Board members benefiting financially from the company they serve is a pretty straight forward conflict of interest, an ethical no-no for most companies.
But apparently not for Aetna U.S. Healthcare, the largest health insurer in the country.
At a time when Aetna has been struggling financially and trying hard to repair a reputation for penny-pinching among physicians, word comes that board member Leonard Abramson, 67, and members of his family have been making millions off the health insurer.
Of course, Abramson is not your ordinary board member: He's the guy who founded and was a major shareholder of U.S. Healthcare, which Aetna bought in 1996. He made a cool $900 million from that deal.
Since then, apparently as part of that sale, the company has paid Abramson $3 million a year for "consulting." What's more, the Associated Press reported last week, Aetna has paid his two daughters and a son-in-law more than $18 million since the sale for various consulting services, according to financial statements Aetna has filed with the Securities and Exchange Commission.
Abramson, re-elected to the board in April, decided last week to step down. He denied any conflict existed. He will get his $3 mil a year through 2001.
Aetna has said there's no conflict of interest because they've reported the Abramson deals.
Some experts disagree. "Just because they disclose the relationship doesn't make it right," said Graef "Bud" Crystal, a San Diego-based executive compensation expert.
It seems that Aetna is the company that keeps giving--at least to Leonard Abramson and his family.
10 Rules of Medicare. It would not be unfair to describe Larry Oday as a curmudgeon. But at least he's a comical curmudgeon.
Oday, a crusty 52-year-old healthcare attorney with Vinson & Elkins, wowed the 100 people attending a Premier hospital alliance meeting on Medicare's new outpatient prospective payment system earlier this month. Oday left 'em laughing by ending his PPS talk with a recitation of his "10 Iron Rules of Medicare."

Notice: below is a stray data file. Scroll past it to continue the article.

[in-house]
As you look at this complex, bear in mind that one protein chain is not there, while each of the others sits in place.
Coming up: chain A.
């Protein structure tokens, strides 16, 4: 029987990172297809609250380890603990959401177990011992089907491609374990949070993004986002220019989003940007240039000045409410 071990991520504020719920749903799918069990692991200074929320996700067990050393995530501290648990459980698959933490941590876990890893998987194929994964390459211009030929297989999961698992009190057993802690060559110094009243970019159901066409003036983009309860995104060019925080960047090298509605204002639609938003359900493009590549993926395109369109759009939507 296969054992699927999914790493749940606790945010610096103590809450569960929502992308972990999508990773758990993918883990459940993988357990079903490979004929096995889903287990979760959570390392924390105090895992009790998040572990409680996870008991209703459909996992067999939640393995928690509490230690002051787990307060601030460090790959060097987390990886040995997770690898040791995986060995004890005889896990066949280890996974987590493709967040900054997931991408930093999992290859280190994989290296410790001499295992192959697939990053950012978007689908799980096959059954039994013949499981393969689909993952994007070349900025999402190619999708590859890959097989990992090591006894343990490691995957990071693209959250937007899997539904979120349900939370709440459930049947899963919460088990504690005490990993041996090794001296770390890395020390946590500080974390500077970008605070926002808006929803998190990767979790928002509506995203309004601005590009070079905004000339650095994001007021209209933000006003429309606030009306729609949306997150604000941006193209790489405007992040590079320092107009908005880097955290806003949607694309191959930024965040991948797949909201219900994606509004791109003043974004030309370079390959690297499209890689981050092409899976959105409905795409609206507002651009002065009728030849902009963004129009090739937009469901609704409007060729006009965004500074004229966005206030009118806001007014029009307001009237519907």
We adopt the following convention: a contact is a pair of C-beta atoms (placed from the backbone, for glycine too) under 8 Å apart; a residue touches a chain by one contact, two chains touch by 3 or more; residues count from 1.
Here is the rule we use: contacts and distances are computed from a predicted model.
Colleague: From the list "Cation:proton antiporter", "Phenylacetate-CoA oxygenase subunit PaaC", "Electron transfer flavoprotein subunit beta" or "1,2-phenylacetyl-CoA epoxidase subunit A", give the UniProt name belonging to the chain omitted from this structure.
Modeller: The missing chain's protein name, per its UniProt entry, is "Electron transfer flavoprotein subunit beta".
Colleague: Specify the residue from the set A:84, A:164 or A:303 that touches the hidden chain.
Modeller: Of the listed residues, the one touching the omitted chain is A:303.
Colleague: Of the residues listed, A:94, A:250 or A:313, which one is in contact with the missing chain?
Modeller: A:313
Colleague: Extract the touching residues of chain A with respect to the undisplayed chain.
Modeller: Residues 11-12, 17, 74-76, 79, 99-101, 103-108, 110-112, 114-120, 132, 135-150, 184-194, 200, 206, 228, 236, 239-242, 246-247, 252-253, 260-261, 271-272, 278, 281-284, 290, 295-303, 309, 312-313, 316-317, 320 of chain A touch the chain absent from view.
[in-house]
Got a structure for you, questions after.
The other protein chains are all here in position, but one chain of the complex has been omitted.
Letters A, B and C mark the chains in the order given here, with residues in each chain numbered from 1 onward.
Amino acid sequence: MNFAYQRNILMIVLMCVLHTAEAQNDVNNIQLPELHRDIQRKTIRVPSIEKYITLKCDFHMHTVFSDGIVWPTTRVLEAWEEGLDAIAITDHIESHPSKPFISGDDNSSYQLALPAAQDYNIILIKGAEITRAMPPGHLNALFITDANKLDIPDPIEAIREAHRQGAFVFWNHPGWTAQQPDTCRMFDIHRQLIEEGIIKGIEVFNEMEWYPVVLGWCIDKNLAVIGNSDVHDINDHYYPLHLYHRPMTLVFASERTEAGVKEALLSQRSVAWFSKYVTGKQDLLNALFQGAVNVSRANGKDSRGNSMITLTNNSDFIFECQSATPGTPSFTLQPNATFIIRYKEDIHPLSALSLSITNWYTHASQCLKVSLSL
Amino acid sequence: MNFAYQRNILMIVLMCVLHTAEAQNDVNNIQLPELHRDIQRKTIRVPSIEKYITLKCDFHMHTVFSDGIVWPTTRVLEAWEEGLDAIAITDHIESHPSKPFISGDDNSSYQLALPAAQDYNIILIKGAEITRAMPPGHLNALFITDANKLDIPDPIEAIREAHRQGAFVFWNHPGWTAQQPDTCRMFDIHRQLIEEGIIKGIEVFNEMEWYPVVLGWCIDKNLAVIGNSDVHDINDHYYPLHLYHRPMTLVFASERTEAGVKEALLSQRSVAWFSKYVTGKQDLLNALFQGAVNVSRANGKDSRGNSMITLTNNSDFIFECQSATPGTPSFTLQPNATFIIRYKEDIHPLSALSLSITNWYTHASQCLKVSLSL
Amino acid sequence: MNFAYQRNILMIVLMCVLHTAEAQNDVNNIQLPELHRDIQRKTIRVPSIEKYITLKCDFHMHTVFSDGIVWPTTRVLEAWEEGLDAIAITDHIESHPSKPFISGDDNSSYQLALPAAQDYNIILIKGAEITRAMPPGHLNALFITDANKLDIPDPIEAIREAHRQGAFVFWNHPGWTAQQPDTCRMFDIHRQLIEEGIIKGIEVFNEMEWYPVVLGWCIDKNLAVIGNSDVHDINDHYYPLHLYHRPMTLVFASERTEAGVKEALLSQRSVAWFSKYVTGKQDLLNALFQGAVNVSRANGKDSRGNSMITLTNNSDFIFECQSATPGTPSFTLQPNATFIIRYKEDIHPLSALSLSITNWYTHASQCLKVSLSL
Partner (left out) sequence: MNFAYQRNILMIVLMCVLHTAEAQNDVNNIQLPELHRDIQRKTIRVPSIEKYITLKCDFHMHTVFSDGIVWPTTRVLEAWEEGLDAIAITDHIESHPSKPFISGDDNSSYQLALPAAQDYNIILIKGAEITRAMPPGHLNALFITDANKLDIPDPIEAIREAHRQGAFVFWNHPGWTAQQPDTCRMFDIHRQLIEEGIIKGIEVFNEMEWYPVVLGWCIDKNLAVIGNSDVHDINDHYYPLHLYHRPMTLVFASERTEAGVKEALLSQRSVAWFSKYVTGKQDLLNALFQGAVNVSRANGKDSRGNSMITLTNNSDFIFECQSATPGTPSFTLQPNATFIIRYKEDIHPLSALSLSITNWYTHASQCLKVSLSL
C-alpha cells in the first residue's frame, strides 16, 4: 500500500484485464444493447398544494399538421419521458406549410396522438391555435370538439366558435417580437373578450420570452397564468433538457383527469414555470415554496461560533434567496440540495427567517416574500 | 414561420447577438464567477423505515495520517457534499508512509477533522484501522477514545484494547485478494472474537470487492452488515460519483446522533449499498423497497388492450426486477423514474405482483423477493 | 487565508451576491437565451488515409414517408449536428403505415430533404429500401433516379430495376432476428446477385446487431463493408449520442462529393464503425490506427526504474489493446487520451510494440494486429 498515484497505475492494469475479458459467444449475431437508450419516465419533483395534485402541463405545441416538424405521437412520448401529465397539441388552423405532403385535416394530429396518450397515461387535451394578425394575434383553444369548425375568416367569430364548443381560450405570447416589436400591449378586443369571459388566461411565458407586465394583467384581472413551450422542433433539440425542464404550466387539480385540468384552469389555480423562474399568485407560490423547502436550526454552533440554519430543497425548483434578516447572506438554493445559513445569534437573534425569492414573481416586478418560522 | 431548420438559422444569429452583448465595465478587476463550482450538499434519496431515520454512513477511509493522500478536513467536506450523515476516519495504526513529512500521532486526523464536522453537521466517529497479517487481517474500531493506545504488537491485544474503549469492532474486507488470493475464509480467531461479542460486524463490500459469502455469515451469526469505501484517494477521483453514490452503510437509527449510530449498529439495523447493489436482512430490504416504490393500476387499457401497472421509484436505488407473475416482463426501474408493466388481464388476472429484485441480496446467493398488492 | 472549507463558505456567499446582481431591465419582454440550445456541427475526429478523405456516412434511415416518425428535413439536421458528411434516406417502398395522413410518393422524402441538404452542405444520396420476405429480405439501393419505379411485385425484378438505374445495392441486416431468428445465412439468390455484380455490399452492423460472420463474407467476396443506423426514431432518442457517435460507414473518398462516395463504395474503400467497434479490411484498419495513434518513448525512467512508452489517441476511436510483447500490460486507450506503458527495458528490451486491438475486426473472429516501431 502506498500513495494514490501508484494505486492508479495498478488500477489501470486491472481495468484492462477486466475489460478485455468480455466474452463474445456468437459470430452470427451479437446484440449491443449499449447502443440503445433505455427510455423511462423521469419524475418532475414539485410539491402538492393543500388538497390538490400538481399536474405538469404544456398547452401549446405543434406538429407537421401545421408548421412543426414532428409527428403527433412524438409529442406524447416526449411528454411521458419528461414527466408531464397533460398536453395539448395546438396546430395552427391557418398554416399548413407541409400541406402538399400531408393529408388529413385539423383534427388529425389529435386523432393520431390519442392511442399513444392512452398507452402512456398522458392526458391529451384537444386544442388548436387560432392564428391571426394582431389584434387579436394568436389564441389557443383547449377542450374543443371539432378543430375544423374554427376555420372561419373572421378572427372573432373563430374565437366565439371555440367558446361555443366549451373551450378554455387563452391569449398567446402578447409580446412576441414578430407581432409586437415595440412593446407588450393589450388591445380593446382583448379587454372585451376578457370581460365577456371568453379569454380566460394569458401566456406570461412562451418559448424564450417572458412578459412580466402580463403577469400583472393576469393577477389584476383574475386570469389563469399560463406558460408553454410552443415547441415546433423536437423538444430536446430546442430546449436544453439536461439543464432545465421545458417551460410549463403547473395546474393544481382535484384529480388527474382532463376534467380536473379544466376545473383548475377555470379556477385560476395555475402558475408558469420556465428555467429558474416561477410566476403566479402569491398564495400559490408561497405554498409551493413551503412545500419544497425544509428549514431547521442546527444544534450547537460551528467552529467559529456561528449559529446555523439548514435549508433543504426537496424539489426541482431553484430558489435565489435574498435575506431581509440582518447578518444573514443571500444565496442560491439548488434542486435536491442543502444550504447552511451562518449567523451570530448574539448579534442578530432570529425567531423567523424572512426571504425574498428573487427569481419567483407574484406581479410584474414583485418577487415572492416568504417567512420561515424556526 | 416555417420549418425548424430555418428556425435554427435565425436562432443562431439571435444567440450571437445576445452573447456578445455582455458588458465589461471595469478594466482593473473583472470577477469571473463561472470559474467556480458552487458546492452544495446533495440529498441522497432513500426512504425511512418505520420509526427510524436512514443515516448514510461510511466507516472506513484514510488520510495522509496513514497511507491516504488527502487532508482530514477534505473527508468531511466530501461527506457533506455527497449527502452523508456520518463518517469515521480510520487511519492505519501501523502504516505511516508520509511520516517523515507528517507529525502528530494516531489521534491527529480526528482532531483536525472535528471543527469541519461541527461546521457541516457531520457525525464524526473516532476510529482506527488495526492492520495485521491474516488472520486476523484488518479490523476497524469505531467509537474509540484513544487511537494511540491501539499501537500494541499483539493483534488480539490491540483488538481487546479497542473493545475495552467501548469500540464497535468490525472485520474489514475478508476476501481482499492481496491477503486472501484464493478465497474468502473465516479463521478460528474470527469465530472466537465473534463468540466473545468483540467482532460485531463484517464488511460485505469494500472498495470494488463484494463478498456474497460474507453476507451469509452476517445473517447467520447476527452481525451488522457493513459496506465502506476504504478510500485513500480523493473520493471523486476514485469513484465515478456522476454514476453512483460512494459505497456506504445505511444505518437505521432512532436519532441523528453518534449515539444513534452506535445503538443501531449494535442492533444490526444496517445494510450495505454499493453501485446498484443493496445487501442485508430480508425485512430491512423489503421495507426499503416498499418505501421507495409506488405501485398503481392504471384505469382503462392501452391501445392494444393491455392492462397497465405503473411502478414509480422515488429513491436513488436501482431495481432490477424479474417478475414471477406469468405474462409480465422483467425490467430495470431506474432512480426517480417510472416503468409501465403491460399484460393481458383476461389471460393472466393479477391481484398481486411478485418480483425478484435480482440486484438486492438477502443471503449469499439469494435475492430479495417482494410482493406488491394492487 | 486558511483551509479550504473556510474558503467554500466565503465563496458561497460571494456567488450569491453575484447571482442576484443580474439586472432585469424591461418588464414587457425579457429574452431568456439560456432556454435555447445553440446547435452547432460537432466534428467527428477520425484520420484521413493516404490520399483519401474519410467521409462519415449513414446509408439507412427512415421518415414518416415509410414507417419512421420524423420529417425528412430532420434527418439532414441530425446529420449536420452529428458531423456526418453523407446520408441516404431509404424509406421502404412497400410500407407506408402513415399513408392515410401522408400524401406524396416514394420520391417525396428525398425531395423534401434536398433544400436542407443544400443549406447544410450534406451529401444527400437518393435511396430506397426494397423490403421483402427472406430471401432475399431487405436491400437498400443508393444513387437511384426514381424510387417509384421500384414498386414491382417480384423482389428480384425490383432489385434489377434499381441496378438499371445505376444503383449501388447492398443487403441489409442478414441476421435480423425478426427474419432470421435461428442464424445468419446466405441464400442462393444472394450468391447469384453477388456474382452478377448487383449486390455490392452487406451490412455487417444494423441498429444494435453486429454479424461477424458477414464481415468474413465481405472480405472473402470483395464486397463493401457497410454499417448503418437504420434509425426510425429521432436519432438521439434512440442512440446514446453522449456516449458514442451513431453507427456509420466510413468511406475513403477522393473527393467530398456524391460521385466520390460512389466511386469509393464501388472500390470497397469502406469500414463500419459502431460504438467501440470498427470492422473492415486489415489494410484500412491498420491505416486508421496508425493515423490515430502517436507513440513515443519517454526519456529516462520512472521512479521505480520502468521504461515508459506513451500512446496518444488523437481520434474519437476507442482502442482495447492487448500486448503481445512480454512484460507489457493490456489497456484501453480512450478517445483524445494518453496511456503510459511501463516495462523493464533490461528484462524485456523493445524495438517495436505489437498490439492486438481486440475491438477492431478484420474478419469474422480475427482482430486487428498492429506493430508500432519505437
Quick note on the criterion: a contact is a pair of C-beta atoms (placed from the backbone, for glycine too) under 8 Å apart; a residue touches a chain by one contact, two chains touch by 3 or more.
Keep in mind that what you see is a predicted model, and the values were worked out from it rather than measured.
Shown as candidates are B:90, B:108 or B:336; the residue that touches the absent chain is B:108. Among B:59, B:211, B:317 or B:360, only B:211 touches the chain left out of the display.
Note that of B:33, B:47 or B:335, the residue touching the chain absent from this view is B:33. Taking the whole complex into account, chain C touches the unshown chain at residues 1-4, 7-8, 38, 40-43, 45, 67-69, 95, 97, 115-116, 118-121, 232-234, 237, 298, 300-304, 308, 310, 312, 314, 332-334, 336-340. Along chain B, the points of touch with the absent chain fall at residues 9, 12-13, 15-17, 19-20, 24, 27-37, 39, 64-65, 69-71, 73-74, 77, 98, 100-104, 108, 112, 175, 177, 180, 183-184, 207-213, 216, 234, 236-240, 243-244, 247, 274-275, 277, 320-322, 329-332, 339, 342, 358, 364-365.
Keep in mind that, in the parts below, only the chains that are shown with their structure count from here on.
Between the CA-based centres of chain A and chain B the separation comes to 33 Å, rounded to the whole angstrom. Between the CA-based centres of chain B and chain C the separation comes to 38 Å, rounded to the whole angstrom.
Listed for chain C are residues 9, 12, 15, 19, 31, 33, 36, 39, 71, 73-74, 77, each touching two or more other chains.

As one highly amused hospital executive suggested to a MODERN HEALTHCARE reporter who was covering the event, "This would be great for Outliers. It would be something you would cut out and stick on your bulletin board."
Get your scissors ready:
1. Just because it has a code, that doesn't mean it's covered.
2. Just because it's covered, that doesn't mean you can bill for it.
3. Just because you can bill for it, that doesn't mean you'll get paid for it.
4. Just because you've been paid for it, that doesn't mean you can keep the money.
5. Just because you've been paid once, that doesn't mean you'll get paid again.
6. Just because you got paid in one state doesn't mean you'll get paid in another state.
7. You'll never know all the rules.
8. Not knowing the rules can land you in the slammer.
9. There's always some schlemiel who doesn't get the message.
10. There's always some schmendrik (jerk) who gets the message and ignores it.
The eyes have it. With a flash of light, Renay Poirier could see again.
Doctors aren't sure how Poirier's eyesight inexplicably returned.
But on the morning of May 23 as the 40-year-old physical therapist assistant from Eau Claire, Wis., stood in front of a window in his home preparing for work, Poirier felt a pain in his head, saw a flash of light--and all of a sudden he could see his wife, Connie, and daughters Alea, 12, and Kara, 9, again after almost 10 years of blindness.
Kara was only 2 months old when Poirier was hurt in October 1990 in an electrical explosion at a research plant where he was a maintenance technician.
After the accident Poirier could only see shapes and movement up to a foot away.
As Poirier began to adjust to being blind, he decided to become a physical therapist and enrolled at the College of St. Catherine in St. Paul, Minn. He received his degree from the college in 1997 and began working at 261-bed Sacred Heart Hospital in Eau Claire.
On June 8 Poirier appeared on NBC's "Today" show and explained how working with patients at the hospital helped him regain some perspective. "After I started working (at Sacred Heart) I began to feel important again," he said. "It's self-worth."
During his blindness Poirier also rediscovered his Catholic faith and attributes his mysterious recovery to God. "There must be more that He wants me to do," Poirier said on "Today."
Now that's what you call some good news.
New name. Less shame. And one more thing about that modestly renamed hospital chain, HCA-The Healthcare Co.: It's getting out of the "Hall of Shame."
In 1997, Boston-based corporate watchdog INFACT inducted HCA into its "Influence-Peddling Hall of Shame" for its use of political connections to sway state and national healthcare policy.
"Since then, the corporation has taken many steps in the right direction," said INFACT Executive Director Kathryn Mulvey at HCA's shareholder's meeting last month in Nashville. Mulvey mentioned in particular how HCA has made no soft money political contributions in the 2000 elections.
No soft money? What's the world coming to?